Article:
Introducing LearningExpress Library 3.0!

MeL, or the Michigan eLibrary, has just updated its LearningExpress Library for all ages. The new website features a brand new interface, additional options for users, and more intuitive organization.

What is the LearningExpress Library? It's a database offered by MeL to help students of all ages test themselves in various categories, including:

  • Adults (also available in Spanish): Reading and math skills, becoming a U.S. citizen
  • High School: GED, TASC, HiSET, basic skills
  • College: ACT, SAT, AP, TOEFL
  • Elementary/Middle: content in core subjects

Who can use this service?
Anyone who is a permanent resident of the state of Michigan!

  • AADL Library Card holders: Log in to your AADL online account
  • AADL visitors: Log in to LearningExpress while visiting any AADL branch
  • Other option: Use your Michigan Driver's License or State I.D. to log into mel.org

Where can I go to start using LearningExpress Library?
You can access the LearningExpress Library in two ways:

  • Go to aadl.org and click on the Research tab. Click Test Prep.
  • Go to mel.org and click on Mel Databases. Scroll down to LearningExpress Library.

Note: Once you select a test to take, you will have to register (it's free!) with a username and password.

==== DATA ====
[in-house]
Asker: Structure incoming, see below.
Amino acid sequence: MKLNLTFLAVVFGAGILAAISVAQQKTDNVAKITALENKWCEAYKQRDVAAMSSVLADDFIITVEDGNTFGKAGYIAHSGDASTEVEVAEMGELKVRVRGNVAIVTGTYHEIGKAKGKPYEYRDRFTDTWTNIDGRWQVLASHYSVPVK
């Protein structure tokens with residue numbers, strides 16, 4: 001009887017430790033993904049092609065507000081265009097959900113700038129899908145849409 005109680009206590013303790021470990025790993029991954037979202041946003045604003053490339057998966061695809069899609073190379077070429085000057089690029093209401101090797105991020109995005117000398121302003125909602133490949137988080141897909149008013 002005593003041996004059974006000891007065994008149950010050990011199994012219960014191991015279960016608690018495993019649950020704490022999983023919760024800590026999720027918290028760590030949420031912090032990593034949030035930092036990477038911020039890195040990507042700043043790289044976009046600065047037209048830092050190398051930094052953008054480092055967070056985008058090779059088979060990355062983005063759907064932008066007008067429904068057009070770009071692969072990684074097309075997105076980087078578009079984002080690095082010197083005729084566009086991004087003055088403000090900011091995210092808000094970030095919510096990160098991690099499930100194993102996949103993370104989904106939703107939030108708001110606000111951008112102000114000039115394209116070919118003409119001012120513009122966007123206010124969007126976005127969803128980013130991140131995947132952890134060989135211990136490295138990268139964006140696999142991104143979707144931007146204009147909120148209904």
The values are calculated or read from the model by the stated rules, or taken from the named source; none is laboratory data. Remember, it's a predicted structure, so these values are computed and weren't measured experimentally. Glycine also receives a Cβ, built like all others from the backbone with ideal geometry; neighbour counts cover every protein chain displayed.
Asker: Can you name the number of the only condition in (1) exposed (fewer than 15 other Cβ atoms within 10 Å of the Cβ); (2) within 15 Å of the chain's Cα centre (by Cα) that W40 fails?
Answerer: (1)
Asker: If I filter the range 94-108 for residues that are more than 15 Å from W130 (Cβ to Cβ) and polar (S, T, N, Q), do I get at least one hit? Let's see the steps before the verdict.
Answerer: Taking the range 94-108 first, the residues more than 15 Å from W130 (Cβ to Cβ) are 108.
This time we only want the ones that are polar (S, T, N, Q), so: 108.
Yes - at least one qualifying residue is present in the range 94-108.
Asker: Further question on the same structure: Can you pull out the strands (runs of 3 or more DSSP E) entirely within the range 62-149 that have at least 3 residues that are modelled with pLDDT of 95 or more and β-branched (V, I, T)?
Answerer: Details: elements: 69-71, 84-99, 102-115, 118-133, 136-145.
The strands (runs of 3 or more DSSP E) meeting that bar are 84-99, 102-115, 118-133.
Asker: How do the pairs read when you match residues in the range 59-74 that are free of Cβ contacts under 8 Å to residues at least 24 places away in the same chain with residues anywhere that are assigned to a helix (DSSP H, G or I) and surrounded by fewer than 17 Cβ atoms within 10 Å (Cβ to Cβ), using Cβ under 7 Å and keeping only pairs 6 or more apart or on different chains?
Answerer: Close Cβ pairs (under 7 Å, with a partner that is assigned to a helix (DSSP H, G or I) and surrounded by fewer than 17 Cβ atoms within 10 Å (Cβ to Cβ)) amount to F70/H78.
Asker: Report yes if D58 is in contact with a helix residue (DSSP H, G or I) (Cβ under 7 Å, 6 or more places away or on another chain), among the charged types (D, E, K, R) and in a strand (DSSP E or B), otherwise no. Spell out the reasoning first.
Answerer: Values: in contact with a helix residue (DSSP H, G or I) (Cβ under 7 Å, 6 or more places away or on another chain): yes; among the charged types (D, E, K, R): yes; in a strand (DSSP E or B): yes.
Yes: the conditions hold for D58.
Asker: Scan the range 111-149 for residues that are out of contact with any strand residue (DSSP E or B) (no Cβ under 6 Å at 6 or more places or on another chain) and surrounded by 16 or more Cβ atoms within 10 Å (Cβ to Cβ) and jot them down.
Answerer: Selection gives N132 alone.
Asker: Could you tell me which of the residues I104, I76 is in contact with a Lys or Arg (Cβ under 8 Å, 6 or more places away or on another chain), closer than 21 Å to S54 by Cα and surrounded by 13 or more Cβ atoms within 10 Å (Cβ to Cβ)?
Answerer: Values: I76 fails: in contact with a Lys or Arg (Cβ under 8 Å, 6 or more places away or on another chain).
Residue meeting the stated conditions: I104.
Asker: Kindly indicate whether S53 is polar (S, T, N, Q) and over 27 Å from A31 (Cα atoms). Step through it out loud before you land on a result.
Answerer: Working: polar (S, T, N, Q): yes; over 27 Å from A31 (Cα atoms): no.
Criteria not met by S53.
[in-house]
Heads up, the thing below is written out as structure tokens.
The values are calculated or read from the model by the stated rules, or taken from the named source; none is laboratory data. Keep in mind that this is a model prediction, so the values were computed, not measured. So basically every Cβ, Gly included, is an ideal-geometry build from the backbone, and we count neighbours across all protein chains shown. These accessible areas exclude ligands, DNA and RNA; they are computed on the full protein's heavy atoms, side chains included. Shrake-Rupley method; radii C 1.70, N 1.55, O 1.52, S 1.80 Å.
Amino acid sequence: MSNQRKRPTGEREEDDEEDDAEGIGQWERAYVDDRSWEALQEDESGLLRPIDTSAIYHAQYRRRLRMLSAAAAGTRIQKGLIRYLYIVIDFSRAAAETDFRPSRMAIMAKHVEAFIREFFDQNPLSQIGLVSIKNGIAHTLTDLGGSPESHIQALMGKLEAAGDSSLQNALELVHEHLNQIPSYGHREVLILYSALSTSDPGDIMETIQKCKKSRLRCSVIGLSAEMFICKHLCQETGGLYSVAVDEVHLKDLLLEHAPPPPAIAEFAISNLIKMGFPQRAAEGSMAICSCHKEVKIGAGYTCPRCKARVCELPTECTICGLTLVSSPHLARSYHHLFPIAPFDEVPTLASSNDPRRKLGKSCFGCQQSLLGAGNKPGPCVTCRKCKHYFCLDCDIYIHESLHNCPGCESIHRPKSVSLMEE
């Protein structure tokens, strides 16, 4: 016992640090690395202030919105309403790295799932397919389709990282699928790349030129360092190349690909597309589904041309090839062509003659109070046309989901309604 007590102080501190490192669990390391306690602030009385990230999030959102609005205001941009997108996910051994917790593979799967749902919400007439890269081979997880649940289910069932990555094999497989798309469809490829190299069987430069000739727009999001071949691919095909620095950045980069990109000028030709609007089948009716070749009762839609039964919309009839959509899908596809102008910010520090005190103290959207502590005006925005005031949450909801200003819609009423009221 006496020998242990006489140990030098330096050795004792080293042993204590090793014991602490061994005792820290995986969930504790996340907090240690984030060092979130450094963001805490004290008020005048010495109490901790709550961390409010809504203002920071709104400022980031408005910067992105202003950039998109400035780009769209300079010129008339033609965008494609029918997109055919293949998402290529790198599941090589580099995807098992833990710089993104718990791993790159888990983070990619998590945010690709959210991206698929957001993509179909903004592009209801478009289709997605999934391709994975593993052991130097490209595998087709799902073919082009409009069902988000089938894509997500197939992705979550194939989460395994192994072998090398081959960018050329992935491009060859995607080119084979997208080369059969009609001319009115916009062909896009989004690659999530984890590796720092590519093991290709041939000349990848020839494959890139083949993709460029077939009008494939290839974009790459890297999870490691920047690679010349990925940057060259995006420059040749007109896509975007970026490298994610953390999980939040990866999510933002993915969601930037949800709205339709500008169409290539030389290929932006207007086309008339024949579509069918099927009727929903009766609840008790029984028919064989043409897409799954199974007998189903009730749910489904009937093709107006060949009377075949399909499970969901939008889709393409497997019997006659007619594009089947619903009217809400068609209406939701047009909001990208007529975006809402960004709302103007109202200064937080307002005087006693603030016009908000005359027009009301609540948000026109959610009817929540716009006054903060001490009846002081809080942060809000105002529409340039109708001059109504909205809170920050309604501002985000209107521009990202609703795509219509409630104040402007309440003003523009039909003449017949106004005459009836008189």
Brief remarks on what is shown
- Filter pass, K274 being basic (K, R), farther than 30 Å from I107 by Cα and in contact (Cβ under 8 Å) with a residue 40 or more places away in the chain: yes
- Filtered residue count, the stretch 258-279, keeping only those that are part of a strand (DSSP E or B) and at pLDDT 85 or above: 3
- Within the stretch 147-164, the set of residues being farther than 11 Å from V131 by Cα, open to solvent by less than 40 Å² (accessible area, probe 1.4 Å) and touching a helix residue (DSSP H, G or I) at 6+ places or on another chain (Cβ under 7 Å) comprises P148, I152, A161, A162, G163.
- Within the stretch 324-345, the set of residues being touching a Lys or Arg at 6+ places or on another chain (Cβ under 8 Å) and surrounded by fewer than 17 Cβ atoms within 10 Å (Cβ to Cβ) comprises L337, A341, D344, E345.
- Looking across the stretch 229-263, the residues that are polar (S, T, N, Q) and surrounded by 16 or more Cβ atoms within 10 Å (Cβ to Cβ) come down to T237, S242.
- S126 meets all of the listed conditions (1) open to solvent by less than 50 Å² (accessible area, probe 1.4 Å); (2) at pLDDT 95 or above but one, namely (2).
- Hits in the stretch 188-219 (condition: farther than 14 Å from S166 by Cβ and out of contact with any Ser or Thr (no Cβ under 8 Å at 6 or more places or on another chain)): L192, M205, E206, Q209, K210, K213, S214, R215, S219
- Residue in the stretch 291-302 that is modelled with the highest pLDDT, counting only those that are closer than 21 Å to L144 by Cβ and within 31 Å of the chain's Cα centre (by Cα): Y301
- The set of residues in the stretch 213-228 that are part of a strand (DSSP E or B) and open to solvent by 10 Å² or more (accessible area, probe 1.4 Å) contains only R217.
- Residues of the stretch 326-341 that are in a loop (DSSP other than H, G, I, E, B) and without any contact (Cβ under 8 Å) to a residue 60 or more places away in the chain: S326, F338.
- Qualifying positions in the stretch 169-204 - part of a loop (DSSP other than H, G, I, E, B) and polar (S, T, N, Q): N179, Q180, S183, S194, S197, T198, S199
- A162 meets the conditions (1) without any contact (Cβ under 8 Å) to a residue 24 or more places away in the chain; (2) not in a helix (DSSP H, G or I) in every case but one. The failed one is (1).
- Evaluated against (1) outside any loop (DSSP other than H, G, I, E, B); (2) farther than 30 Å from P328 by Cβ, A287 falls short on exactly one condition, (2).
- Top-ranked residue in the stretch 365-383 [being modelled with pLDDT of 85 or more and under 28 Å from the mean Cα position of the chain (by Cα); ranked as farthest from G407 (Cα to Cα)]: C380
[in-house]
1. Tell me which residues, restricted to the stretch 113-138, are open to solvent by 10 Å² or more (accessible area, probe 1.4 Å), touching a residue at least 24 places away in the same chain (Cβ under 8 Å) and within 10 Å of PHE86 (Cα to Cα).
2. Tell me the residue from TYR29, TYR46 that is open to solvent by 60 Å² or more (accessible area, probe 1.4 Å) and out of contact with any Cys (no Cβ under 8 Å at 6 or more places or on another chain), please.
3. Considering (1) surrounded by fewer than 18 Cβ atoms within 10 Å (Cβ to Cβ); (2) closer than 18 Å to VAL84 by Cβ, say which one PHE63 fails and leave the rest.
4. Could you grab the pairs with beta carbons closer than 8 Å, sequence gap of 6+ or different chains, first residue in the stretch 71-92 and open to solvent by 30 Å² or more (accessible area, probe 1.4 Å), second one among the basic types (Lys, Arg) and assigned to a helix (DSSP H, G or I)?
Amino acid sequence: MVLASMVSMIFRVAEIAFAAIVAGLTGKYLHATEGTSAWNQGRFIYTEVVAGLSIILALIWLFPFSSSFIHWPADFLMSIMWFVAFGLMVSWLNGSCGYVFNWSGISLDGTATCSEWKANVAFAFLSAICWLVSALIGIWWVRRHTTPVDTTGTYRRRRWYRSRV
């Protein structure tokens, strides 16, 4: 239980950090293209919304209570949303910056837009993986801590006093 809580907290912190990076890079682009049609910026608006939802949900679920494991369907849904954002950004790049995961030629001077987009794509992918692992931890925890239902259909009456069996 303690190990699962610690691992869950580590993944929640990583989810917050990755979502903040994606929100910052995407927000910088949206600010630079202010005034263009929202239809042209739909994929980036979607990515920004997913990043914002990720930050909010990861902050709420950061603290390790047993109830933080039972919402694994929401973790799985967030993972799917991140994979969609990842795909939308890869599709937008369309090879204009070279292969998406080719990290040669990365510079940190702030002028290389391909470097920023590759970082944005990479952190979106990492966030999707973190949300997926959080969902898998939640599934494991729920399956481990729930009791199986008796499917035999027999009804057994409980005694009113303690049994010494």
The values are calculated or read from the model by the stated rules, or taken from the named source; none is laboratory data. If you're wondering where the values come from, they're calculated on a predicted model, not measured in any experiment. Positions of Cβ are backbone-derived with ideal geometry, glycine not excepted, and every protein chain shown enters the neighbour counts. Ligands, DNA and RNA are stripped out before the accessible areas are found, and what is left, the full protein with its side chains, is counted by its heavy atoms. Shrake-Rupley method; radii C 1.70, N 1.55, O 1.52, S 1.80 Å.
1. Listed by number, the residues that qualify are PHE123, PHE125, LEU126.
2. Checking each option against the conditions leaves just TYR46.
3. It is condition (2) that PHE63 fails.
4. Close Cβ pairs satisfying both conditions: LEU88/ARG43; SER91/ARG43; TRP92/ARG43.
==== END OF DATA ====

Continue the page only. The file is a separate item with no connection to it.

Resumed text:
I was using version 2.0. What does this change mean for me?
You will have until June 30, 2014 to access your old testing sessions and results in version 2.0. Version 3.0 requires a new username and password.

Fabulous Fiction Firsts #450 - For All Ages

Here is something extraordinarily fun and quirky and I hope, unexpectedly moving as well.

"If Roald Dahl had rewritten The Picture of Dorian Gray to include a gang of 24 bandits and a giant balloon, the result might have been Gianni Rodari's wonderfully improbable novel that, for all its humor, is loosely based upon the 1978 kidnapping and murder of Italian politician Aldo Moro" and that! would be Lamberto Lamberto Lamberto.

When we first meet 93-year-old millionaire Baron Lamberto, he has been diagnosed with 24 life-threatening ailments, one for each of the 24 banks he owns. But when he takes the advice of an Egyptian mystic and hires servants to chant his name over and over again, he seems to not only get better, but younger, to the chagrin of his ne'er-do-well nephew who is impatient to inherit.

When a terrorist group lays siege to his island villa, his team of bank managers has to be bussed in to help with the ransom negotiations, and a media spectacle breaks out . . .

Gianni Rodari (October 23, 1920 -April 14, 1980) was an Italian writer and journalist, most famous for his books for children. The recipient of the Hans Christian Andersen Award in 1970, Rodari is a household name in Italy among educators and parents, not to mention children. Influenced by French surrealism and linguistics, Rodari advocated poetry and language play as a way to recover the rhythm and sound of oral tradition and nursery rhymes. One of Italy's most beloved fables, Lamberto is only now translated into English. Much of the charm lies with Maggioni's ink drawings in this edition.

Once Upon a Winter's Day 2014

Once Upon a Winter's Day 2014Once Upon a Winter's Day 2014

Being caught in the clutches of another polar vortex is no fun. So let's liven things up.